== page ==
US President Barack Obama called over the weekend for a Congressional vote on a limited military strike against embattled Syria, a move experts said was a bid to buy time.
"Obama needs to persuade voters and people in his own party that bombing Syria is fair and just, given the use of chemical weapons," said Darrell West, senior fellow with Brookings Institution. "He has to convince Americans and people around the world that it is a prudent course of action," West told Xinhua.
Obama said Saturday that he would call on Congress to vote on whether to take military action against Syrian President Bashar al- Assad's forces once US lawmakers return from their August recess.
Obama has repeatedly warned President Assad that any use of chemical weapons would cross a "red line" that could result in US military action, and a video depicting the after-effects of an alleged chemical weapons attack by government forces - which Assad denied - has prompted the US to contemplate action.
The president is in a sticky position. On one hand, not taking action based on his "red line" rhetoric would be a major blow to U. S. credibility worldwide, and could embolden anti-US extremists.
On the other hand, experts have warned that even a limited strike could suck the war-weary US into yet another protracted Middle East conflict.
Obama has signaled that an international coalition is necessary for military action against Syria, but the US is struggling to cobble together a list of supporters as it gears up to attack the war-ravaged country.
British lawmakers on Thursday voted against a proposal to take military action, a move that came on the heels of a UN Security Council vote against a resolution against Assad, signaling a thinning list of allies despite support from France.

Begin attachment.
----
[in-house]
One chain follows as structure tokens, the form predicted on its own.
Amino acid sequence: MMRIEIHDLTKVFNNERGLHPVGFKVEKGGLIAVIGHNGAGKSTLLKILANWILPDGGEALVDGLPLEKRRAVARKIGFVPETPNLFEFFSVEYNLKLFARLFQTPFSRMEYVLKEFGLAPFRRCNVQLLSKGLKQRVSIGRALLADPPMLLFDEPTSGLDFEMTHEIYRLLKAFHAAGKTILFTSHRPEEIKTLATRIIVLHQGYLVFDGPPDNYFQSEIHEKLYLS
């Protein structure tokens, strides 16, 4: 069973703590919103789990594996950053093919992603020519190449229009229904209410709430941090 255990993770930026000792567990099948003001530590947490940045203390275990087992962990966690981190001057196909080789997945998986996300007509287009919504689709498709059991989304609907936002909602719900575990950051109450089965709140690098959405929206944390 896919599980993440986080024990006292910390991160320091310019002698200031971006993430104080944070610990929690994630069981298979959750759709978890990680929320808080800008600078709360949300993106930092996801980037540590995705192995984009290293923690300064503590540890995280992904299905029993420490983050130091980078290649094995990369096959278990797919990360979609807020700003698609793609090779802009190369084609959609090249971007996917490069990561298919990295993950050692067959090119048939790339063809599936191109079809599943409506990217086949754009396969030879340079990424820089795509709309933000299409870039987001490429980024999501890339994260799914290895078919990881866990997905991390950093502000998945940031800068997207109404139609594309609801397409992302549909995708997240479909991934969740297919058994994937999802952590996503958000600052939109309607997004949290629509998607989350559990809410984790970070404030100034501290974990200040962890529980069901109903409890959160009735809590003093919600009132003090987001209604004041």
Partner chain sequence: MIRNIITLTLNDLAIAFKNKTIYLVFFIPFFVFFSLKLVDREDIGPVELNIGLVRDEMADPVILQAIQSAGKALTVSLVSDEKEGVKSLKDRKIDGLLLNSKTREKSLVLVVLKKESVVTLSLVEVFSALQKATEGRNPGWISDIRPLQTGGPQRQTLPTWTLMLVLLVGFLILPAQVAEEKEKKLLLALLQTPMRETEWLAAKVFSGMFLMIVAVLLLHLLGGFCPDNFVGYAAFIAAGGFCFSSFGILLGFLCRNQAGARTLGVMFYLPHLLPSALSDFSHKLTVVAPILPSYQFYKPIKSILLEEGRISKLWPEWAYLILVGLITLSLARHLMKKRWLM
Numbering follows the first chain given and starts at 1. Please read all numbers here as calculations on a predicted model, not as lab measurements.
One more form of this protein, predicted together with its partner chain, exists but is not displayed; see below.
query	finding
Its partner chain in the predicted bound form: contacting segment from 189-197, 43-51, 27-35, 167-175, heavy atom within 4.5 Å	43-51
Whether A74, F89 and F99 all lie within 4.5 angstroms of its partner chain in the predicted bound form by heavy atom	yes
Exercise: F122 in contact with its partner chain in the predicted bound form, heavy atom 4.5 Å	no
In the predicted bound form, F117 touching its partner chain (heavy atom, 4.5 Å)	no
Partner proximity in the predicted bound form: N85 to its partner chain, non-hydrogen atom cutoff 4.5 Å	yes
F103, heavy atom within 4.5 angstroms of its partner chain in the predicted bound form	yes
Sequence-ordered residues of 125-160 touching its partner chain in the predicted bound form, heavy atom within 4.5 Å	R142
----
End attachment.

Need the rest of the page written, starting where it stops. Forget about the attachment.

The US lashed out at Russia on Friday, accusing its leadership of preventing Washington from building an international coalition, with US Secretary of State John Kerry arguing that the US cannot "galvanize the world to act" because of the " guaranteed Russia obstruction" through UN Security Council.
Russian President Vladimir Putin rejected as "utter nonsense" a US report made public Friday that alleged Syrian forces used chemical weapons, arguing that it would make little sense to use the weapons, as Assad's forces are on the offensive.
The comments came amid tense relations between the US and Russia over Syria and after a media circus erupted over Russia's granting of asylum to Edward Snowden, who exposed the US secret global surveillance program.
Experts said a strike against Syria would be no walk in the park, as the country's anti-air defenses are formidable and targets are located far inland, which could endanger the lives of US or allied pilots, depriving them of an escape route via sea.
Jeffrey Martini, a Middle East analyst with policy research group Rand Corp., told Xinhua that any direct intervention would also pose the risk of dragging the US into a broader conflict the country has so far tried to avoid.
A number of other experts are making similar arguments. Writing on CNN's website, Council on Foreign Relations analyst Ed Husain predicted an attack could escalate into yet another lengthy war, and that the new US president in 2016 would be left to clean up the mess.
There are many factions among rebel forces and Assad's ouster would spark new civil war among the ideologically fragmented opposition, much of which is anti-American and has little control over major cities, he added.
Others wonder what exactly the Obama administration aims to accomplish, as it has released few details about its military goals if it carries out a strike.
On Saturday, UN inspectors left Syria with what news reports said was evidence and witness accounts that a chemical weapons strike occurred. Many US allies have called on the Obama administration to wait until a final report is compiled before carrying out a military operation.